Net Ionic Equations

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Labiba Sardar 2A
Posts: 103
Joined: Sat Jul 20, 2019 12:15 am

Net Ionic Equations

Postby Labiba Sardar 2A » Sat Nov 30, 2019 11:45 am

When writing net ionic equations, how do you know which molecules will be written as ions and which molecule(s) will be written together (not as ions)?

Prasanna Padmanabham 4I
Posts: 111
Joined: Thu Jul 25, 2019 12:17 am

Re: Net Ionic Equations

Postby Prasanna Padmanabham 4I » Sat Nov 30, 2019 11:55 am

Do you have a specific example or a specific problem you are stuck on? I'm not quite sure how to answer your question broadly...

Deepika Reddy 1A
Posts: 125
Joined: Thu Jul 11, 2019 12:15 am

Re: Net Ionic Equations

Postby Deepika Reddy 1A » Sat Nov 30, 2019 12:03 pm

I believe that you would have to know the solubility rules. If something is soluble, then it shows up as ions. If the solubility rules says that a molecule or compound is not soluble, then the molecule or compound is written together and not dissociated into ions.

Labiba Sardar 2A
Posts: 103
Joined: Sat Jul 20, 2019 12:15 am

Re: Net Ionic Equations

Postby Labiba Sardar 2A » Sat Nov 30, 2019 12:05 pm

For example, in 17b) under Fundamentals J, it asks to write the chemical reaction for when KClO reacts with H2O. The reaction looks like...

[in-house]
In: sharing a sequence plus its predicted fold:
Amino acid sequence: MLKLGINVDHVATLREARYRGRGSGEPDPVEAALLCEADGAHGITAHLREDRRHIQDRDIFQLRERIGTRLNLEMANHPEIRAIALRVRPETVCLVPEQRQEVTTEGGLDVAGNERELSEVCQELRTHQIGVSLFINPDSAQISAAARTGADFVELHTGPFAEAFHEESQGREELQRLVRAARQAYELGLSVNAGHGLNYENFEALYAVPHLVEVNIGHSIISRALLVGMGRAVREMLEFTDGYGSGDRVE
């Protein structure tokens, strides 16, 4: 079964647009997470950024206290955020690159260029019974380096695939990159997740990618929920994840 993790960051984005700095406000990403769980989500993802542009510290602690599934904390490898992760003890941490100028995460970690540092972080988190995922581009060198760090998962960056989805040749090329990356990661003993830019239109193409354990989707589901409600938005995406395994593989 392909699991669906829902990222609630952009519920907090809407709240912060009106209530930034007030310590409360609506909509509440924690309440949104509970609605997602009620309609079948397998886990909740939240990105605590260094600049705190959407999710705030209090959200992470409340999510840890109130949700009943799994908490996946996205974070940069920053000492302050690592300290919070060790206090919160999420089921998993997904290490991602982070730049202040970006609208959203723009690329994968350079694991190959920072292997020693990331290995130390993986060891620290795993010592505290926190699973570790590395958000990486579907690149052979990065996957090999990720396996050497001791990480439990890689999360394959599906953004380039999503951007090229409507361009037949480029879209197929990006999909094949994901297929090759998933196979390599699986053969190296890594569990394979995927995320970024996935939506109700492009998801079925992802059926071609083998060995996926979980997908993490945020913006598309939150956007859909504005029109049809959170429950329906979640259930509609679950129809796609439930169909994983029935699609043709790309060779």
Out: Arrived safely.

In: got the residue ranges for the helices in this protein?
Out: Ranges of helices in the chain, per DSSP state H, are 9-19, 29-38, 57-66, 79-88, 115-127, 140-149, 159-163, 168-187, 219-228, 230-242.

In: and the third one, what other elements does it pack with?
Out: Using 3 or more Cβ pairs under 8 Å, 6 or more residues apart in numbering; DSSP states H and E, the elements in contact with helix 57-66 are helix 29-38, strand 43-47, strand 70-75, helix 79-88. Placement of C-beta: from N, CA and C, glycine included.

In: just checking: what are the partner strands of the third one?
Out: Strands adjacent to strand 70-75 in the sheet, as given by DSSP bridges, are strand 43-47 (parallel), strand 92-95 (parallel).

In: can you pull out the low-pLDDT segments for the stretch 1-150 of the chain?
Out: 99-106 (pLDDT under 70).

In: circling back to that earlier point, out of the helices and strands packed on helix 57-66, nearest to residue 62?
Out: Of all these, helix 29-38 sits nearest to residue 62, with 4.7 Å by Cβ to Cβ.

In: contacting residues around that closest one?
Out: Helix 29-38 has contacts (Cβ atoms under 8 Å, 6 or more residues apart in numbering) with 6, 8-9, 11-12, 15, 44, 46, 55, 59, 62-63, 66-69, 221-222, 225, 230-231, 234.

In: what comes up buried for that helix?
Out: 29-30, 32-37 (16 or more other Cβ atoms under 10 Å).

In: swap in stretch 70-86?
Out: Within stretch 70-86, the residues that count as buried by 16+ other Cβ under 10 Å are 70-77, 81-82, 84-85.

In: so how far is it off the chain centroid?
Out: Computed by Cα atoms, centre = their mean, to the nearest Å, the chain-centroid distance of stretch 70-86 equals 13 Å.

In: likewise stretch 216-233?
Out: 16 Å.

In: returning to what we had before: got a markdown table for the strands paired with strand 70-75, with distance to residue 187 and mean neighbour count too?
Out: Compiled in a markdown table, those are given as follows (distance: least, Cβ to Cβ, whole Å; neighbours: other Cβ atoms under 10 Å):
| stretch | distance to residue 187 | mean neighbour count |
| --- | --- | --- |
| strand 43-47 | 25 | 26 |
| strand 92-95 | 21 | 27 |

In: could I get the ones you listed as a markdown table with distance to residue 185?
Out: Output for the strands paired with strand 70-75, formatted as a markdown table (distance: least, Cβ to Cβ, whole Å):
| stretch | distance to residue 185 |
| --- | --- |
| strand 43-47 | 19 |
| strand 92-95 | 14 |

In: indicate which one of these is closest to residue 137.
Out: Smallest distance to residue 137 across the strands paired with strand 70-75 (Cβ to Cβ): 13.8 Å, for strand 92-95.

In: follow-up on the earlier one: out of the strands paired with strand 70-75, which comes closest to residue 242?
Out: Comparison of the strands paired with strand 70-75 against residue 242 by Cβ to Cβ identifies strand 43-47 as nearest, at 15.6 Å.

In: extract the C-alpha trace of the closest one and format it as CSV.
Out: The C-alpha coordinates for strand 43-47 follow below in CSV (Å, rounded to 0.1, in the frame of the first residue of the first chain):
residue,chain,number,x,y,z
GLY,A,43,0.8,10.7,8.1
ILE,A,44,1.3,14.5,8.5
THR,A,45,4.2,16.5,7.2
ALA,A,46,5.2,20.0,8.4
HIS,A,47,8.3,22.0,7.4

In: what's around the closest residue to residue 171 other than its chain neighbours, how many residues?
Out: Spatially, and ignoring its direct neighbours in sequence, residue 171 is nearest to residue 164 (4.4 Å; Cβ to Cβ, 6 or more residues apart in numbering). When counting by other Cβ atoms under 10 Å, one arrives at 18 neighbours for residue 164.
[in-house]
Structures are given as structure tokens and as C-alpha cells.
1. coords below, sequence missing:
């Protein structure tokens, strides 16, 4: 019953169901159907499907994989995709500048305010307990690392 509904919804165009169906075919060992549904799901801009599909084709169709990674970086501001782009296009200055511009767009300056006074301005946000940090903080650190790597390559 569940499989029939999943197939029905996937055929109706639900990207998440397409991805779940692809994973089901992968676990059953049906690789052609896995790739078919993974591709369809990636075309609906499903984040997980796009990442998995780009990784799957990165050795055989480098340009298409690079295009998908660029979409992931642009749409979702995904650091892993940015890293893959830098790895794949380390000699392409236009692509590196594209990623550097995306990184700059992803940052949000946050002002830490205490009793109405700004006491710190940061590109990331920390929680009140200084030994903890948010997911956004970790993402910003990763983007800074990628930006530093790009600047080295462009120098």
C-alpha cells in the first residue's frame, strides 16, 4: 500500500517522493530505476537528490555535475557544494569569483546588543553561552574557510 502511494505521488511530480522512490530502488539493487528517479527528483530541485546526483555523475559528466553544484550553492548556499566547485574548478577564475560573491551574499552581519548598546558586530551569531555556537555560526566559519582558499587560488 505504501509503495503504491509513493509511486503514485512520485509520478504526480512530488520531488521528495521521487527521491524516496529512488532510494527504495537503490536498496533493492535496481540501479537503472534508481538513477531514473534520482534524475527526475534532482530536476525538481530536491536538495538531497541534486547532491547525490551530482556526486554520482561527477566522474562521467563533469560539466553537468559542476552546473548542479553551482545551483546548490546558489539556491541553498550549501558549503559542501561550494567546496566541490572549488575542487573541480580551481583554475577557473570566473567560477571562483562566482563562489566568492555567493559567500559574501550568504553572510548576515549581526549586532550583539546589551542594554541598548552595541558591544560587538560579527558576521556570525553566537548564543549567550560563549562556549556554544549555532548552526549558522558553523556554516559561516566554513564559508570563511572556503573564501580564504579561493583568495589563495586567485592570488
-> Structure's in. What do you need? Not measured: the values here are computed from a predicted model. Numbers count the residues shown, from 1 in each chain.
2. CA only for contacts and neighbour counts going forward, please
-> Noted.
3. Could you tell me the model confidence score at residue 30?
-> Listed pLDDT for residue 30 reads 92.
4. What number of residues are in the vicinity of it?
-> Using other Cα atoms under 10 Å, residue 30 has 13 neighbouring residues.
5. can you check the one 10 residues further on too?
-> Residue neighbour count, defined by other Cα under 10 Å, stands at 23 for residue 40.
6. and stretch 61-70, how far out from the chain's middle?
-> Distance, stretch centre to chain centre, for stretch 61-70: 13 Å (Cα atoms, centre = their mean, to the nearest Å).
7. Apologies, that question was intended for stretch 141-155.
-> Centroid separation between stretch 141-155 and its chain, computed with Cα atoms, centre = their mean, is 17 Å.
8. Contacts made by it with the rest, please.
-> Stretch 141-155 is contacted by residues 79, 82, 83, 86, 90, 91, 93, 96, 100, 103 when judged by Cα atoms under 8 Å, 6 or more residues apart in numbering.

ClO- + H2O --> HClO + OH-
In this example, why are H2O and HClO not written as ions?

faithkim1L
Posts: 105
Joined: Fri Aug 09, 2019 12:17 am

Re: Net Ionic Equations

Postby faithkim1L » Sat Nov 30, 2019 12:07 pm

There are solubility rules that help you identify which ones will dissociate in water and become aqueous, and those that will not. The best way to know is just to memorize the solubility rules. It was mandatory in HS AP Chem to know them, but I'm not sure if Lavelle will have us memorize them too.

philipraj_1F
Posts: 52
Joined: Fri Aug 30, 2019 12:16 am

Re: Net Ionic Equations

Postby philipraj_1F » Sat Nov 30, 2019 1:27 pm

If it can dissolve into ions, you must represent it as ions (so covalent molecules stay how they are) and it is net it must be simplified to show only the ions that change in a reaction.


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